12.6 inout doesn't accept literals?

In section 12.6 we have the example code…

var error = "The request failed:"
func appendErrorCode(_ code: Int, toErrorString errorString: inout String) {
    if code == 400 {
        errorString += " bad request."
appendErrorCode(400, toErrorString: &error)

…with this note, “you cannot pass a constant or literal value into an in-out parameter.

But isn’t var error = "The request failed:" a String literal? And aren’t we passing it to the function?

error isn’t a String literal, it’s a variable - that’s why the code works. The book is telling you that you can’t do this:

appendErrorCode(400, toErrorString: "The request failed:")

"The request failed:" is a string literal, so the function can’t modify it.

If you want to pass in a string literal like that, then you need a function similar to the one in 12.7, where the value being returned is separate from the value passed in:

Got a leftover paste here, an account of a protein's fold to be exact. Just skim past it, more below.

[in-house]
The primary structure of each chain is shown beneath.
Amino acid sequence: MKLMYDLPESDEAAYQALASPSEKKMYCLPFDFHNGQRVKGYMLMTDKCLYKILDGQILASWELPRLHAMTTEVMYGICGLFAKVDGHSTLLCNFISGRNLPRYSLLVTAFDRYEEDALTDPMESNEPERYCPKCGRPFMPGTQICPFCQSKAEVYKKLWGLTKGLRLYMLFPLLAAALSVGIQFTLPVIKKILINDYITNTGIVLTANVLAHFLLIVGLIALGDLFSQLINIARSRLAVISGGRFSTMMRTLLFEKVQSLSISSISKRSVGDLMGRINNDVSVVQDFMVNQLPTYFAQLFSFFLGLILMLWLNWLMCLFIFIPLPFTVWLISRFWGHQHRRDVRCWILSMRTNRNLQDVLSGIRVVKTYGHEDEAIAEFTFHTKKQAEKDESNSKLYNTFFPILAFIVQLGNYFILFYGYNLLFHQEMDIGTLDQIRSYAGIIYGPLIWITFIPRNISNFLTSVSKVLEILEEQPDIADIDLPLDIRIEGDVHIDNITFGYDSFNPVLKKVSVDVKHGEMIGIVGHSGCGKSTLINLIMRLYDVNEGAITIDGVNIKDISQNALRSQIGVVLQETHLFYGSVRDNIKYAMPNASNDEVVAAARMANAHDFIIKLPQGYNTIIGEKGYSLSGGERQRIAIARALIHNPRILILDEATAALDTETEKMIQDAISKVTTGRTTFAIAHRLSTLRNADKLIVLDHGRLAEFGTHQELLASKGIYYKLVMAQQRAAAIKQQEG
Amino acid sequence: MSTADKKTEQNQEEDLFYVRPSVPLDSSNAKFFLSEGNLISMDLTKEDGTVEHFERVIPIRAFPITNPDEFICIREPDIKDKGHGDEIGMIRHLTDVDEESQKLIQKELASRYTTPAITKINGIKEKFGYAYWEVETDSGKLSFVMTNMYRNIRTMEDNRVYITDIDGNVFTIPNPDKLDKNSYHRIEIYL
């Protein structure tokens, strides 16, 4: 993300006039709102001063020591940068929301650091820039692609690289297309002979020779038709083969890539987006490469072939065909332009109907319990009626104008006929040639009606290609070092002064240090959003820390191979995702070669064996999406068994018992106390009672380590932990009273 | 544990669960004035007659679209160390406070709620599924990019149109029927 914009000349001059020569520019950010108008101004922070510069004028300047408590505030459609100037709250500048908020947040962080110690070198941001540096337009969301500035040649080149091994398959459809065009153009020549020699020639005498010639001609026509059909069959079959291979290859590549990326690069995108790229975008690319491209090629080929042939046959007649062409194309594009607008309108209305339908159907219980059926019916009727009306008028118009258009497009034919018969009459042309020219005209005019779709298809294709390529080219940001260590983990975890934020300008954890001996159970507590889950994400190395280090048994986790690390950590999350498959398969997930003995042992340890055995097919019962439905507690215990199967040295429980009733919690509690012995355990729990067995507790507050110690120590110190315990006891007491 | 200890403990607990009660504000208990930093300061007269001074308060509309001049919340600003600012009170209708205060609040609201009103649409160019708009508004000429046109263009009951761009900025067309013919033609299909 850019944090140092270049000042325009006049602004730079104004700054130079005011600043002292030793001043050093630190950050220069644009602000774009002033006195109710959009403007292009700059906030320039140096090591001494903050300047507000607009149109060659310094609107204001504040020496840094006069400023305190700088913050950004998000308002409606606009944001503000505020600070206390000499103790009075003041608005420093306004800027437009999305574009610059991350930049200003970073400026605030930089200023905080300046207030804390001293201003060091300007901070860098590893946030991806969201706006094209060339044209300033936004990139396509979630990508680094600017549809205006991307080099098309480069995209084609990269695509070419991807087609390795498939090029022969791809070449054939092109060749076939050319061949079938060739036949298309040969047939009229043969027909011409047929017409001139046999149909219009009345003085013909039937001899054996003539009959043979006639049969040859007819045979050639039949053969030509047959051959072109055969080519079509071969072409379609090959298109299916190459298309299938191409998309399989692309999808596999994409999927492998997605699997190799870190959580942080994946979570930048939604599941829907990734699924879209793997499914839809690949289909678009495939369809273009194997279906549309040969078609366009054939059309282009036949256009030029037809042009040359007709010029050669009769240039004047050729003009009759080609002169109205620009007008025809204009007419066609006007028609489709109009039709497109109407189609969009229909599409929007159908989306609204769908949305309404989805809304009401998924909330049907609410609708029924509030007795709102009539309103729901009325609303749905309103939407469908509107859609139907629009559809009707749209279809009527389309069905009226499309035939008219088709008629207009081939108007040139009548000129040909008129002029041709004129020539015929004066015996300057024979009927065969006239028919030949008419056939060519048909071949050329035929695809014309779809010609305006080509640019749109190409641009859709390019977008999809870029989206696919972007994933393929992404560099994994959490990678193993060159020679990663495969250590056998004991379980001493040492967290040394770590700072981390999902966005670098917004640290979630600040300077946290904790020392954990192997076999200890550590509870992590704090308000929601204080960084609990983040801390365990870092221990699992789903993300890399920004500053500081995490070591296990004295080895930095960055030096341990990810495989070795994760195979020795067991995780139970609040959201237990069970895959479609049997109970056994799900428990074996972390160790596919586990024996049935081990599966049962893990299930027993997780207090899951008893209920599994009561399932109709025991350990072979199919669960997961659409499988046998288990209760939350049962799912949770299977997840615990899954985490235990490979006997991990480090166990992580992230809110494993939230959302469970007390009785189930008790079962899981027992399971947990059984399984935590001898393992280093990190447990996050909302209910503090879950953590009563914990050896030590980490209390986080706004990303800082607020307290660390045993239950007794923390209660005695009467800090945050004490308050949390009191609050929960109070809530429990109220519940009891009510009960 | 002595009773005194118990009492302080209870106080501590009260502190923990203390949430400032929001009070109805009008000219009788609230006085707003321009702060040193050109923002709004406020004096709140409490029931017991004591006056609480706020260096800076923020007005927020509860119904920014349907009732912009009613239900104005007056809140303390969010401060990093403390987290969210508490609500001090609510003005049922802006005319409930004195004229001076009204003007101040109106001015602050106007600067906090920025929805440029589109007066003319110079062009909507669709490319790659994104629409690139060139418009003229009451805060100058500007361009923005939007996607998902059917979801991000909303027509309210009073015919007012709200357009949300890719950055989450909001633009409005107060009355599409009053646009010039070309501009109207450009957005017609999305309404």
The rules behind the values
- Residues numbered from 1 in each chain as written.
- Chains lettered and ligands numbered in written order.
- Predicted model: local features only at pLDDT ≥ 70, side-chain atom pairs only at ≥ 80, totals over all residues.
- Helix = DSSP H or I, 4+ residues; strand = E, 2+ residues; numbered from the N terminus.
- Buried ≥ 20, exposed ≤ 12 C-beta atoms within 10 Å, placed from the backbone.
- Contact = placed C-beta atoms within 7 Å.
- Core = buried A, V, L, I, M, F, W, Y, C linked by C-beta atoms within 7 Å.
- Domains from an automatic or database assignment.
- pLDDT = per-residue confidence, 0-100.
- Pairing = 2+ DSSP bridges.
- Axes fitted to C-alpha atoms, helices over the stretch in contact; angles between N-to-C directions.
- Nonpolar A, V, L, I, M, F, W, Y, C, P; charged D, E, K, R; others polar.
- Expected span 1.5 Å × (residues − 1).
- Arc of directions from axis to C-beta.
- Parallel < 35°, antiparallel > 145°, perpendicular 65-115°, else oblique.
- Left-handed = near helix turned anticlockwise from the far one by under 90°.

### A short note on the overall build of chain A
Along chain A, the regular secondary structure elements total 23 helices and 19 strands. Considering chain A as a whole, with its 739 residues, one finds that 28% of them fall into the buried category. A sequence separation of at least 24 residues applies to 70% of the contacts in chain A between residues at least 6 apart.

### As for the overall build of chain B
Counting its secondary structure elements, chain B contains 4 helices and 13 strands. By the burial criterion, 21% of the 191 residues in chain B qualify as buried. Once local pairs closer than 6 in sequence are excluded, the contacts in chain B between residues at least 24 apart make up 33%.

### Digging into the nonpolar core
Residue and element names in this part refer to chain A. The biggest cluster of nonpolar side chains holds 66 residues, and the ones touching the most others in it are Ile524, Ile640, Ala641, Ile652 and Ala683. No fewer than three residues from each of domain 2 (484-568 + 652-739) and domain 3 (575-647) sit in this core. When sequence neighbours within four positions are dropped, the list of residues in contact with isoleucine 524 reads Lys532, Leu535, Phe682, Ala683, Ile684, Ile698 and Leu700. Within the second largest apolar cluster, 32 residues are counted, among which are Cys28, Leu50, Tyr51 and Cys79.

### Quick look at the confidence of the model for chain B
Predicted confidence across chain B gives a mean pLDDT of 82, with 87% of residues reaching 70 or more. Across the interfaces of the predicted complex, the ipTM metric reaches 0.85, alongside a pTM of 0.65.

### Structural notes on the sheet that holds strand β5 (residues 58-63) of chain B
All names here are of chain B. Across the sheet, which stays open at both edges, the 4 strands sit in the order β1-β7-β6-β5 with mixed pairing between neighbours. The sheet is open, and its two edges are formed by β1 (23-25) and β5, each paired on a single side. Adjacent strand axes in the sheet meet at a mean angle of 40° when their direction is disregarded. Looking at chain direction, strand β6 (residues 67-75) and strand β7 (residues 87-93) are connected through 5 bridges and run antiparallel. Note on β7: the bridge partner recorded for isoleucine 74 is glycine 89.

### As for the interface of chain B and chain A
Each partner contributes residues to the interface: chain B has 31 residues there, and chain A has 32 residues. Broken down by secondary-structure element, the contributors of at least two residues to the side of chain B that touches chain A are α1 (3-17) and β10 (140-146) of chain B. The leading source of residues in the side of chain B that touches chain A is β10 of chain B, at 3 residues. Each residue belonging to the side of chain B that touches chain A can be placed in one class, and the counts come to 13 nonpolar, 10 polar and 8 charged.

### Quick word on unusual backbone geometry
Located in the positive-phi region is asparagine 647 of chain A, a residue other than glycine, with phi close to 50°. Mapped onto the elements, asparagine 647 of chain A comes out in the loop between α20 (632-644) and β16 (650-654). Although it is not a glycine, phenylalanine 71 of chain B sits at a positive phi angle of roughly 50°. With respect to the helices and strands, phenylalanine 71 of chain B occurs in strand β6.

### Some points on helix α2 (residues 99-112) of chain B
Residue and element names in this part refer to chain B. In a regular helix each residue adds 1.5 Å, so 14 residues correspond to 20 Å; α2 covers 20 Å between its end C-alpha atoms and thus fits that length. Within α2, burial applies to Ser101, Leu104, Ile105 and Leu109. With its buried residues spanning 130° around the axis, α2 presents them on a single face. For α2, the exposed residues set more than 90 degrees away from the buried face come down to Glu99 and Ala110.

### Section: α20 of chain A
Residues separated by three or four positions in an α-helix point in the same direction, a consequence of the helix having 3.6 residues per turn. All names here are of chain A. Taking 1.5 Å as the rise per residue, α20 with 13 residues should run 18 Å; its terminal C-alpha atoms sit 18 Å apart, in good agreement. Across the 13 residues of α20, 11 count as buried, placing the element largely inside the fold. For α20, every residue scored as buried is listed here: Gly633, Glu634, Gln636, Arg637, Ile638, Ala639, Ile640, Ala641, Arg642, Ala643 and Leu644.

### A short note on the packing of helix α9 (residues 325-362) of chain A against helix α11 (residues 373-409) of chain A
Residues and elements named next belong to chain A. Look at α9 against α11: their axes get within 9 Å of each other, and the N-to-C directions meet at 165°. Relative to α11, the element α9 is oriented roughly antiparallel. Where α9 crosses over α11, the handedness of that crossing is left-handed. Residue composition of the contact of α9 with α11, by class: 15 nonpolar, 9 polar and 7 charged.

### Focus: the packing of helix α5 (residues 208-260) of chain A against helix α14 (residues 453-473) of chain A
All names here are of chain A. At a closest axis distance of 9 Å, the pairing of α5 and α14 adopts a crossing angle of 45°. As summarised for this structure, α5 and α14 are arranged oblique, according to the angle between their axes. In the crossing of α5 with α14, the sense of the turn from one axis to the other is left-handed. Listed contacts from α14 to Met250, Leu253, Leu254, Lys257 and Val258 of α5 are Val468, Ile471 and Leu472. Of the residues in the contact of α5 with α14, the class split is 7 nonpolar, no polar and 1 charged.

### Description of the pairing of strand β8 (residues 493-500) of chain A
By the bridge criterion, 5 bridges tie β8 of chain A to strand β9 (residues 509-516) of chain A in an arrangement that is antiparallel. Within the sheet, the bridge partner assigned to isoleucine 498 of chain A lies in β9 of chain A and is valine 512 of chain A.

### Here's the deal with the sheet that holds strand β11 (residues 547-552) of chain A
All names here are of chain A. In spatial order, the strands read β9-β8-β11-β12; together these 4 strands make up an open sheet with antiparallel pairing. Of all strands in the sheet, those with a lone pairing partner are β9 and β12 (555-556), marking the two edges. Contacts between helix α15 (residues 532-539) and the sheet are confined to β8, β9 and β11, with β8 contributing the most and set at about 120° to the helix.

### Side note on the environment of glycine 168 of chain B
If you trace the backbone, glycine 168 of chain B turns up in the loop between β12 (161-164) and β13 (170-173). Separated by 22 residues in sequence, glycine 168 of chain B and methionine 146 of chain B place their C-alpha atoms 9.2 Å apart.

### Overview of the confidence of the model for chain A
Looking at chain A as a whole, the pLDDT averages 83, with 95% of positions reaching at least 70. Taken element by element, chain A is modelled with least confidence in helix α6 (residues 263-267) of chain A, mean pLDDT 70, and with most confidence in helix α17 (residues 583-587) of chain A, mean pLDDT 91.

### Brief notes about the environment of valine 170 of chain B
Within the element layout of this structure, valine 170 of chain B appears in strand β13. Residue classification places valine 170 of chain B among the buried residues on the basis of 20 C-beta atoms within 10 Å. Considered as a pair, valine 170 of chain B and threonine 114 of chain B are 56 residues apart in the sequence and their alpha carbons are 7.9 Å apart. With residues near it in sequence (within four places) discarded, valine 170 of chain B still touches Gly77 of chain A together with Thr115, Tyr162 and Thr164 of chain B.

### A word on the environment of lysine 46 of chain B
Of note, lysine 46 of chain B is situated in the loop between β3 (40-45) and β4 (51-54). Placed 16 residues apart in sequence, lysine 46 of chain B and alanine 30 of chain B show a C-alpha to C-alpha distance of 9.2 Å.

func appendErrorCode(_ code: Int, toErrorString errorString: String) -> String {
    var result = errorString
    if code == 400 {
        result += " bad request."
    return result

Then you can say

var error = appendErrorCode(400, toErrorString: "The request failed:")

or you could say

var error = "The request failed:"
error = appendErrorCode(400, toErrorString: error)

You’d have the flexibility to pass in a string literal or a string variable, whichever you choose.


Aha. Thanks @JonAult. That makes perfect sense. I get it now. I think I was not understanding what exactly a String literal is.

Earlier in the book (2.1), referring to var numberOfStopLights = "Four" it says…

"How does it know that “Four” is an instance of String? Because the quotation marks indicate that it is a String literal.

Now I can see the String literal is just the "Four" part, not the whole line var numberOfStopLights = "Four".

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